How Not to Play Online Games

by Heath Hindman

I suppose this isn’t so much an editorial as a public service announcement, or friendly reminder, or request.

Have you ever been playing a game online, and some clown just makes you want to reach through the screen and snap his/her neck for reasons other than losing? In all probability, you have. To better install the idea of the people I’m trying to describe, let me share with you some stories of a few jerkfaces (yeah, I use strong words) I’ve encountered while gaming online.

Two of these stories come from the well-known action series called Bomberman. Of course, fitting my topic, the particular version I was playing was Bomberman Online. In the first, and possibly most ridiculous, I had just swept a match rather soundly (that’s not the ridiculous part :p ), and a few of the battle room’s members were saying the usual congratulatory phrases like “good game, Rage,” and so on. I made a joking remark that my urban American/public school background made me good with explosives, which told why I won the match so cleanly. Ho ho ho. No harm done, right? Apparently not. One player, simply named “Bomber,” decided to freak out, get offended, and attack me. He said “Rage, that’s not funny,” much to the puzzling of other players. “Your president is trying to take over the world, one country at a time,” he claimed. He went on like this, stating his political views and such, and talking about how he hated my country. Now hold on just a second. I make the above remark, and this guy comes after me because I’m an American? In addition, he assumes he knows my political views, when in fact I was not even asked about any such thing, nor did my remark indicate anything along those lines. Hello? We’re playing a frickin’ video game! It shouldn’t matter where someone is from or even if they DO want to take over the world. The purpose of playing a game is to sit back and enjoy what your McDonald’s money has enabled you to experience, not to sit around and attack someone about their country’s leaders. I would’ve thought this was common knowledge, but apparently, this must be said.

The second Bomberman Online story revolves around the “Clans.” As is common in many online games, alliances were formed amongst players by sticking some initials in front of one’s player name. A friend (just on the game) of mine was offered a shot at the leader of the “ST” clan one-on-one. She took the offer, beat him, and was subsequently offered a chance to join the clan. She said she’d join for a bit, because the players in ST were kinda nice guys, but wouldn’t be a permanent fixture. Just later that evening, the whole group was in one battle room, when they all abruptly left for another room, which they quickly locked the girl out of. This band of thugs known as ST brought a girl in, only to completely abandon her. (If you ask me, she was too good for them anyway—too classy for those idiots. “She Burns” was the best girl on that game, and better than at least two-thirds of that stupid clan.) Clowns like that are the reason I refused to join any clan. What possesses people to do things like that? Why can’t people just play the game!? Where do these guys come from?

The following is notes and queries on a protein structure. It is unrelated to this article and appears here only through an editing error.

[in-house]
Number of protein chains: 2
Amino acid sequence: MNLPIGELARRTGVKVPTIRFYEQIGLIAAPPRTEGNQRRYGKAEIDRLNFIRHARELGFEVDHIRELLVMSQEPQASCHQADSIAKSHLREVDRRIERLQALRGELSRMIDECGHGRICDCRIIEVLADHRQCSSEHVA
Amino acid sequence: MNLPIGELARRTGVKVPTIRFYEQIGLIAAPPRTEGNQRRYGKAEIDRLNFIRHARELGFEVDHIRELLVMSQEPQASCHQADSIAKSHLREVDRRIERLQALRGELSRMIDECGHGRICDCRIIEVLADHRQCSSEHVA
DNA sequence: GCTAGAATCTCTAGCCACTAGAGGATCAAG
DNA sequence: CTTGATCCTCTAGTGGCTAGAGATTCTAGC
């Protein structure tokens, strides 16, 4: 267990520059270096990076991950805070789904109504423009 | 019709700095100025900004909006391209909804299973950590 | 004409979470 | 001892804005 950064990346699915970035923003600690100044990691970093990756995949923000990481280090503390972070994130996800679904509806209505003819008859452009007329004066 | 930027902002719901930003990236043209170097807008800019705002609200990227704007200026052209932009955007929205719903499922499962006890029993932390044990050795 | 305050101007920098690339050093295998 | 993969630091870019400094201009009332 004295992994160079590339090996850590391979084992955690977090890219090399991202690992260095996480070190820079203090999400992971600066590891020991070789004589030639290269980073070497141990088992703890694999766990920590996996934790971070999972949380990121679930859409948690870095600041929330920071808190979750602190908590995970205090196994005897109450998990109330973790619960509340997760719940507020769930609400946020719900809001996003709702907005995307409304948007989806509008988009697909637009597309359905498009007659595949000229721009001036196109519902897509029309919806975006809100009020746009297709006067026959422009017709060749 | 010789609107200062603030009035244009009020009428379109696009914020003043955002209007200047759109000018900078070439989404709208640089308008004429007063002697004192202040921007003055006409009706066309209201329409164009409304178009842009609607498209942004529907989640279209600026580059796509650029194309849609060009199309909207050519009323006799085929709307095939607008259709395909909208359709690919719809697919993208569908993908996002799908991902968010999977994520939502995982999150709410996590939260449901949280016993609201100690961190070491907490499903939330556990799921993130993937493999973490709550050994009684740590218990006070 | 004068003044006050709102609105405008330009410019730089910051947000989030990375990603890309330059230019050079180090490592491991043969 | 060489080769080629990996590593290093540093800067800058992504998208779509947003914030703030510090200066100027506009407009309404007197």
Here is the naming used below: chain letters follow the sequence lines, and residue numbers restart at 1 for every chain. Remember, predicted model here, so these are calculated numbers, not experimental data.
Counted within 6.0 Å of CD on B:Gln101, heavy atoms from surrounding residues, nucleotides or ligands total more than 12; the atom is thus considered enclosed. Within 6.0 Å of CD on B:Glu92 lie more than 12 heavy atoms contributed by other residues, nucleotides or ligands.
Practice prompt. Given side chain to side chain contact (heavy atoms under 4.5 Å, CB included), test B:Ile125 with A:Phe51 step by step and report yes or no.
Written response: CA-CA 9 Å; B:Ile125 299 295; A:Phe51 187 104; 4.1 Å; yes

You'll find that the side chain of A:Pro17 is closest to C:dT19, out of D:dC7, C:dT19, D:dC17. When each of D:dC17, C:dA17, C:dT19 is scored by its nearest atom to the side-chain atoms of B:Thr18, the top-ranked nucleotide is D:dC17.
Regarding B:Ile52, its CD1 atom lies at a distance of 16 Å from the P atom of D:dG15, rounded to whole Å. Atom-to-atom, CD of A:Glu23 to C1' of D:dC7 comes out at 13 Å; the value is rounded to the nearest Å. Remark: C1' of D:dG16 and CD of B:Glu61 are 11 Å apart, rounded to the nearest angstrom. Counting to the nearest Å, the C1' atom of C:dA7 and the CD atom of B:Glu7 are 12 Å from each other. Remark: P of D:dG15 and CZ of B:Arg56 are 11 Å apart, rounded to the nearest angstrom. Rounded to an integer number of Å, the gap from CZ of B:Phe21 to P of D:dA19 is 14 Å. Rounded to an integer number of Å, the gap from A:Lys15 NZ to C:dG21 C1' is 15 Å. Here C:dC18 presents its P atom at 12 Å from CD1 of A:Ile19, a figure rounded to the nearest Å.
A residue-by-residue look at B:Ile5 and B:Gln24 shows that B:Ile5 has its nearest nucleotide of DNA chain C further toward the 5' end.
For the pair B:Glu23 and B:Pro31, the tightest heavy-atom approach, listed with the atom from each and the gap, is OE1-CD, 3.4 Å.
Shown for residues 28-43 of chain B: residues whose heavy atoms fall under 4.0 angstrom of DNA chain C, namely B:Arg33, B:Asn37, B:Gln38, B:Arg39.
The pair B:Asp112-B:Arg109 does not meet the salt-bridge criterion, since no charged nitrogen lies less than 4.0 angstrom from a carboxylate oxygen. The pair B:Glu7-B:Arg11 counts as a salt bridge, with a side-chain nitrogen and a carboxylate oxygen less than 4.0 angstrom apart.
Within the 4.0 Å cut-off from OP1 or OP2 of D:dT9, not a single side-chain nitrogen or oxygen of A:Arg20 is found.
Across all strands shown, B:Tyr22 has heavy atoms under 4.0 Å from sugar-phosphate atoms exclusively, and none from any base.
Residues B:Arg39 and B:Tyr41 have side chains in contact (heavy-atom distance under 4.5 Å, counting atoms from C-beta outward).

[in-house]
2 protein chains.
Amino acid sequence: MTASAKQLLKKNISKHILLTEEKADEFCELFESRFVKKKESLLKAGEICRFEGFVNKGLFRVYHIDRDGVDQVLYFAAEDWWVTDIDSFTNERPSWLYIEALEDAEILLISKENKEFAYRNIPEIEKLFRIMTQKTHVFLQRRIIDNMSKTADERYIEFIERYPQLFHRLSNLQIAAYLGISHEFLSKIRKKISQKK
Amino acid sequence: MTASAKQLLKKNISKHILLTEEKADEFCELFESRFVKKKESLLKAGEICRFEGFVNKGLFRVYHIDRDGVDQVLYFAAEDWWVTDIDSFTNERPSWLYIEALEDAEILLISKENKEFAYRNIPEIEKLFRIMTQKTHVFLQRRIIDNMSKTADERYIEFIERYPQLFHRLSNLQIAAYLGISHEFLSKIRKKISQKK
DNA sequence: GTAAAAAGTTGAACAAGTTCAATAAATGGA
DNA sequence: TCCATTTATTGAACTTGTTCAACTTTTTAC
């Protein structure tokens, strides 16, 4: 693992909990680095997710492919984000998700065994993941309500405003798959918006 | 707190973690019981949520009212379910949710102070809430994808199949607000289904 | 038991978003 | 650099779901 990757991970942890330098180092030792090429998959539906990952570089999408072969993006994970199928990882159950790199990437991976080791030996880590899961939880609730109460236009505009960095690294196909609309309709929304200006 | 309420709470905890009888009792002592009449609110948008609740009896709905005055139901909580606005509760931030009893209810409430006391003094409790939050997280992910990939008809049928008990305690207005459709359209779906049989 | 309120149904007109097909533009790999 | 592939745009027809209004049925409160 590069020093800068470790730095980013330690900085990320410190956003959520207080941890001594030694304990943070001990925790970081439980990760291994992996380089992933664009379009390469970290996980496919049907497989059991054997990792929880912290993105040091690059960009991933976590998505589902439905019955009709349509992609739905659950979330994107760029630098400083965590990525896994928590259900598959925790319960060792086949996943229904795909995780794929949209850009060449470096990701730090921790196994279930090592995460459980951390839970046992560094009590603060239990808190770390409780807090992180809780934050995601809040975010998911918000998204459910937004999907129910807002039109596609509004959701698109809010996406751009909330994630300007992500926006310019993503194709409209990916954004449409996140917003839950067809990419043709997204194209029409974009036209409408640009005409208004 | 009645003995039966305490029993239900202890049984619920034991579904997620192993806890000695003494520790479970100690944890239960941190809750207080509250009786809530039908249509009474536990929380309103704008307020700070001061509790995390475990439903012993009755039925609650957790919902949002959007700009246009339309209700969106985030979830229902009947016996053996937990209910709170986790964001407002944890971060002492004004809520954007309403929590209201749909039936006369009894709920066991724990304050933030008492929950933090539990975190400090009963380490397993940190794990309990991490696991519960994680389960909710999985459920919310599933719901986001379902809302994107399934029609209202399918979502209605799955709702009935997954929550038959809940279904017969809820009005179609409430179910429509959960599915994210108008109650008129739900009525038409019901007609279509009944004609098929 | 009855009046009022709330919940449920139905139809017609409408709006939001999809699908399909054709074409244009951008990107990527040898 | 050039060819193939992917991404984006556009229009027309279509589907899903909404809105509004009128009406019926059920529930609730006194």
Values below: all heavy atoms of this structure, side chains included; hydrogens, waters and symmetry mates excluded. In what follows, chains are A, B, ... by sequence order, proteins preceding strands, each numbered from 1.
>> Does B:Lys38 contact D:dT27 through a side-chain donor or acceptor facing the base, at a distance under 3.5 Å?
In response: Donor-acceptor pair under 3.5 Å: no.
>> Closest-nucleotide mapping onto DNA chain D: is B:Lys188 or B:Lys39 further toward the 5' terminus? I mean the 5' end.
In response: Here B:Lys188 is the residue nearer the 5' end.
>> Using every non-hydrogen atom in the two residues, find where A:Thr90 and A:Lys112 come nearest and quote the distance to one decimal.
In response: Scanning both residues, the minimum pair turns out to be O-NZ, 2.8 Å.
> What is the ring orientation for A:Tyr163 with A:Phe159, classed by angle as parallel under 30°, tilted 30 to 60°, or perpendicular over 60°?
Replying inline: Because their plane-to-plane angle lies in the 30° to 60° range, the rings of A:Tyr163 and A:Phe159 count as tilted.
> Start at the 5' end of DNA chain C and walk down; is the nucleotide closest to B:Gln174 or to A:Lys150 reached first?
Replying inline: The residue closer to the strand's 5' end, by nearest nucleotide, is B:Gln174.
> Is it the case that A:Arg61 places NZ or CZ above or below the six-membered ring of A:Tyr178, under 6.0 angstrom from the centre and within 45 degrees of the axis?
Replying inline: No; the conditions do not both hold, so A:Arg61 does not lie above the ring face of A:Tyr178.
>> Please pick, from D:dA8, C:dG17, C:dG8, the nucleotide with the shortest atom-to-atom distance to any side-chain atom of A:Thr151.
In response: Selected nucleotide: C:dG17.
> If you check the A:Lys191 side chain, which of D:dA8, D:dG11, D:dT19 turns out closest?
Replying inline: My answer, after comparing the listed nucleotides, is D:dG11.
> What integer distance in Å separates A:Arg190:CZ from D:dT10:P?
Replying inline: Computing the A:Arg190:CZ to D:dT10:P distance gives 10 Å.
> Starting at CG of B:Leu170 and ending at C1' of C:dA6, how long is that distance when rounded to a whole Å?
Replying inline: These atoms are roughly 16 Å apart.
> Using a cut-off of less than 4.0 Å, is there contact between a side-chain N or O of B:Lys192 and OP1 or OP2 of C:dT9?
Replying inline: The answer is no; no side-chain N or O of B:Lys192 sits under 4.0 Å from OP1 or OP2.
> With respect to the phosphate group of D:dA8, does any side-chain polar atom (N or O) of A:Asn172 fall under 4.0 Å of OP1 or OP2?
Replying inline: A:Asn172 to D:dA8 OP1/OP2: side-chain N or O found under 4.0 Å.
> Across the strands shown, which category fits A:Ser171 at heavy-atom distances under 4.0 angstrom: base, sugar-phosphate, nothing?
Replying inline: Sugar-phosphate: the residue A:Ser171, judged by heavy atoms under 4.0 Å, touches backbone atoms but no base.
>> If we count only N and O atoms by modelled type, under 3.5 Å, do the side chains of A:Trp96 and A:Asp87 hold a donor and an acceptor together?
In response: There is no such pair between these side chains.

Moving on to RPGs, I played some Phantasy Star Online for the good ol’ Dreamcast not too long ago. Seeing as the game had recently hit the GameCube (this story takes place in early ’03), and that the DC was pronounced “dead,” there weren’t nearly as many players online as there were in the game’s prime. Still, there was a pretty high number, making it impossible to say, meet anywhere near everyone that still played. Anyway, I had exchanged contact information with a guy that said he’d like to play a bit. During our introductions, he asked if I had any sisters. I replied that I have 5 sisters, which prompted him to ask their ages. Seemingly disappointed that none of them are above 15, he asked “Is the 15-year-old cute?” Feeling awkward, I responded “Um…I don’t really know. There’s that whole ‘she’s my sister’ thing.” He then asked for a physical description, including approximate measurements. This was where I drew the line. I cut the conversation short, saying that he was prying a bit farther than I would go, and that we should just get to the game. He then decided that, since I didn’t want to help him form a mental image of my little sister, he didn’t want to form a party anymore, or talk to me, or be in the same vicinity. Much like Nancy Regan, he just said “no,” and took off. What a mailbox head. I found another group to join, but that’s beside the point. I sincerely hope none of you reading this play games like the losers I’ve described here.

Now I know the majority of you reading this are probably fine, but I still feel this issue must be addressed. Please, keep in mind the purpose of online gaming is to play the games with other players from around the globe. They’re not for mean pranks, childish games, sick fetishes, or political arguments. I hope everyone reading this will abide by the Golden Rule, and treat others (in this case, other gamers) how you wish to be treated. Thank you.

<- Back
© 1998-2017 RPGamer All Rights Reserved
Privacy Policy